Colorless amorphous powder; m.p. 250–251 °C; Marinedrugs 12 02004 i001: −32 (c 0.5, pyridine); IR (KBr) νmax = 3438, 1743 and 1649 cm−1; 1H and 13C NMR data, see Table 3 and Table 4; ESIMS m/z 1435 [M + Na]+, m/z 1411 [M − H]; HRESIMS m/z 1411.6709 [M − H] (calcd. for C66H107O32, 1411.6714).

3.3.4. Variegateside F (4)

Colorless amorphous powder; m.p. 210–212 °C; Marinedrugs 12 02004 i001: −34 (c 0.5, pyridine); IR (KBr) νmax = 3418, 1750 and 1635 cm−1; 1H and 13C NMR data, see Table 3 and Table 4; ESIMS m/z 1435 [M + Na]+, m/z 1411 [M − H]; HRESIMS m/z 1411.6458 [M − H] (calcd. for C66H107O32, 1411.6465).

3.4. Acid Hydrolysis of Compounds 14

Each glycoside (1 mg) was heated in an ampule with 2 mol/L trifluoroacetic acid (1 mL) at 120 °C for 2h. The reaction mixture was evaporated to dryness, and the residue was partitioned between CH2Cl2 and H2O. The aqueous phase was concentrated under reduced pressure. Then 1 mL of pyridine and 2 mg of NH2OH·HCl were added to the dried residue, and the mixture was heated at 90 °C for 30 min. After the reaction mixtures were cooled, Ac2O (0.8 mL) was added and the mixtures were heated at 90 °C for 1 h. The reaction mixtures were evaporated under reduced pressure, and the resulting aldononitrile peracetates were analyzed by GC-MS using standard aldononitrile peracetates (Sigma) as reference samples. d-xylose, d-glucose, 3-O-methyl-d-glucose were identified for variegateside C (1) in a 2:1:1 ratio, and variegateside D (2) in a 2:2:1 ratio, and in a 1:1:1 ratio for variegatesides E (3) and F (4).

3.5. Bioassay

The antifungal activities of the compounds 17 were tested against six strains (provided by the Changhai hospital, the Second Military Medical University, China): Candida albicans (ATCC76615), Cryptococcus neoformans (ATCC32609), Microsporum gypseum (ATCC31388), Candida pseudotropicalis (Clinic Strains), Candida parapsilosis (Clinic Strains) and Candida tropicalis (Clinic Strains). The antifungal activity data were evaluated by measuring optical density (OD) at 630 nm using Automatic Microplate Reader [18]. The drug MIC80 was defined as the first well with an approximate 80% reduction in growth compared to the growth of the drug-free well. The data represented the means of three independent experiments in which each compound concentration was tested in three replicate wells. Itraconazole (ICZ), Ketoconazole (KCZ), and Fluconazole (FCZ) were used as positive controls (Table 5).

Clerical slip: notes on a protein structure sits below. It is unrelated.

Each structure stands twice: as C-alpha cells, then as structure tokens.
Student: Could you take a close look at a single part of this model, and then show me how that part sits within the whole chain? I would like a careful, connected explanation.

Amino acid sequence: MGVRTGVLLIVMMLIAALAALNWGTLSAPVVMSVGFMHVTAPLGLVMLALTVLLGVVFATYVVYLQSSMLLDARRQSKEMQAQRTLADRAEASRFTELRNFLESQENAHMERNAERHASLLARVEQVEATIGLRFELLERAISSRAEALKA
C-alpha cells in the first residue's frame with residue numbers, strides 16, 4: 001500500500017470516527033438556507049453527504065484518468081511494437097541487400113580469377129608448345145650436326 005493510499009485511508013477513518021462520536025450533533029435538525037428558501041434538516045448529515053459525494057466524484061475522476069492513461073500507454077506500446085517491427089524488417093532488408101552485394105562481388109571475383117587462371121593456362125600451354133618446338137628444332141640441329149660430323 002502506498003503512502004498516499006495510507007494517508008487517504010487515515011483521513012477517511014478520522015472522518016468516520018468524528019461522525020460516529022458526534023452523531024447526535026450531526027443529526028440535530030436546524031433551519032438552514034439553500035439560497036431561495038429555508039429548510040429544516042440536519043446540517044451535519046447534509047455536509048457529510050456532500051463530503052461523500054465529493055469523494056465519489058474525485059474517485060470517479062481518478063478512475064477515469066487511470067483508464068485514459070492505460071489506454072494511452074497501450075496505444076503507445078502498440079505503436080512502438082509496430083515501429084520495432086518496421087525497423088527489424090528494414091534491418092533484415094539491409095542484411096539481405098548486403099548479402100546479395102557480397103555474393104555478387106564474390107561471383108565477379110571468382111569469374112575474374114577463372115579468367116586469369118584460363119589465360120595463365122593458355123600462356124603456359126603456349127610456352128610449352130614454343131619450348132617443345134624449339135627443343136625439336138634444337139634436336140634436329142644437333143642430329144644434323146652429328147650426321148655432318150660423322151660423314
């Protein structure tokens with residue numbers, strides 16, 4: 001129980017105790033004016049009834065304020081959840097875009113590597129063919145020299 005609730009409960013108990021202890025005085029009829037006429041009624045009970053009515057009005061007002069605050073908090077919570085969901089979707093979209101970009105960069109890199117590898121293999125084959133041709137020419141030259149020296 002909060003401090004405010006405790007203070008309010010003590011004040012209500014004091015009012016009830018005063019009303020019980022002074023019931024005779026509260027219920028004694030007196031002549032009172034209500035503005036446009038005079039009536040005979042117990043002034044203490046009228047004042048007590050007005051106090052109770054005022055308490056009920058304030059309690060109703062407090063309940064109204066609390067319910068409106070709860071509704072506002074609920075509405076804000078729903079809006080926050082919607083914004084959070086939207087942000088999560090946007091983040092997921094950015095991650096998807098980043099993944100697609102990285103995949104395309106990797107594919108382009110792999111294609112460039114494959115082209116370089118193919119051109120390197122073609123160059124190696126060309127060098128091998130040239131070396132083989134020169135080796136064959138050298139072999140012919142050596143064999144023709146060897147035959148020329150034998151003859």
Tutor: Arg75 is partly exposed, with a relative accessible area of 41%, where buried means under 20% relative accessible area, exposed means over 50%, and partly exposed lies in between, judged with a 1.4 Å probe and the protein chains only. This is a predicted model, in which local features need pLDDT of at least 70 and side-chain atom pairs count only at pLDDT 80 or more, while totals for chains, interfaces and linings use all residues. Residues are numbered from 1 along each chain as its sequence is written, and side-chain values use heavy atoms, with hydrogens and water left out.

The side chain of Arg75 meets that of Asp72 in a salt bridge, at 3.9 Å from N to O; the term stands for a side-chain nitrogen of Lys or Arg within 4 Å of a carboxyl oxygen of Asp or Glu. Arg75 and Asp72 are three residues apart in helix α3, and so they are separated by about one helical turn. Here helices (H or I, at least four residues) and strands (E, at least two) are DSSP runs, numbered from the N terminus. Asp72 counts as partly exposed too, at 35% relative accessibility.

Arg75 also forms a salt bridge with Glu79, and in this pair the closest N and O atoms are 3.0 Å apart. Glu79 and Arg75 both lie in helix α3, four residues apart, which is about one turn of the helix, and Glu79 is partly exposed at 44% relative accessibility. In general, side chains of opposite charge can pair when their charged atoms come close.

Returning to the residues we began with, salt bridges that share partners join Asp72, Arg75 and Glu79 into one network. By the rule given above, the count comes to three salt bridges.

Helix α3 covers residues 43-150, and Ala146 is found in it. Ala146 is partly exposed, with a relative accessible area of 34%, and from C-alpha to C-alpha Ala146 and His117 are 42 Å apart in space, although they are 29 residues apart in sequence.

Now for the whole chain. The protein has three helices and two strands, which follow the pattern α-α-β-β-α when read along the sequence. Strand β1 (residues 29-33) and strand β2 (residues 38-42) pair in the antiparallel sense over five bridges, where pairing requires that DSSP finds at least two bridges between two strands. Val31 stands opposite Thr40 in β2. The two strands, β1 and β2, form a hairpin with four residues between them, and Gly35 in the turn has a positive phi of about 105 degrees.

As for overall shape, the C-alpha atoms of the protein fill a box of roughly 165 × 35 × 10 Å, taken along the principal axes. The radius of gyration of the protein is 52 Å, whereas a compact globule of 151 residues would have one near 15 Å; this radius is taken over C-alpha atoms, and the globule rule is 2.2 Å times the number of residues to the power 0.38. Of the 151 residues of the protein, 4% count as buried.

4. Conclusions

This work represents the first study on the glycosidic contents of this South China sea cucumber S. variegates, a traditional tonic in China, led to the isolation of four holostane-type triterpene glycosides, together with three known triterpene glycosides. Variegatuside C–F (14) are new triterpene glycosides, which contain 23 (S)-hydroxyl in the side chain of the glycoside and non-sulphate in the sugar chain. These glycosides have Δ7(8) and Δ9(11), especially compounds 2 and 6 contain a rare 8(9)-double bond in both aglycone structures. All of these demonstrate an example of the chemical diversity from sea cucumber.

In vitro assays on the compounds indicated their potential as antifungal lead compounds. The structural novelty and biological activity of the secondary metabolites isolated from S. variegates Semper taxonomic group suggest that the sea cucumber has been overlooked in the search for new bioactive compounds, could potentially provide an interesting source of antifungal natural products and may warrant further biomedical investigation.

Acknowledgments

This investigation was supported by a grant from National High-Tech Research and Development Project (863 Project, 2006AA09Z423) and National Natural Science Foundation of China (No. 20502035 and No. 20772155). The authors wish to thank Yulin Liao of the Qingdao Institute of Oceanic Research for the taxonomic identification of the sea cucumber.

Author Contributions

Xiao-Hua Wang and Zheng-Rong Zou completed the main research work, such as extraction, separation and identification of compounds from the sea cucumber. Hua Han took part in some research work and finished writing a research paper, and Zheng-Rong Zou did a little revision of paper. Yang-Hua Yi and Ling Li guided the research work and supported this investigation. Min-Xiang Pan attended collection and preprocessing of the sea cucumber samples.

Conflicts of Interest

The authors declare no conflict of interest.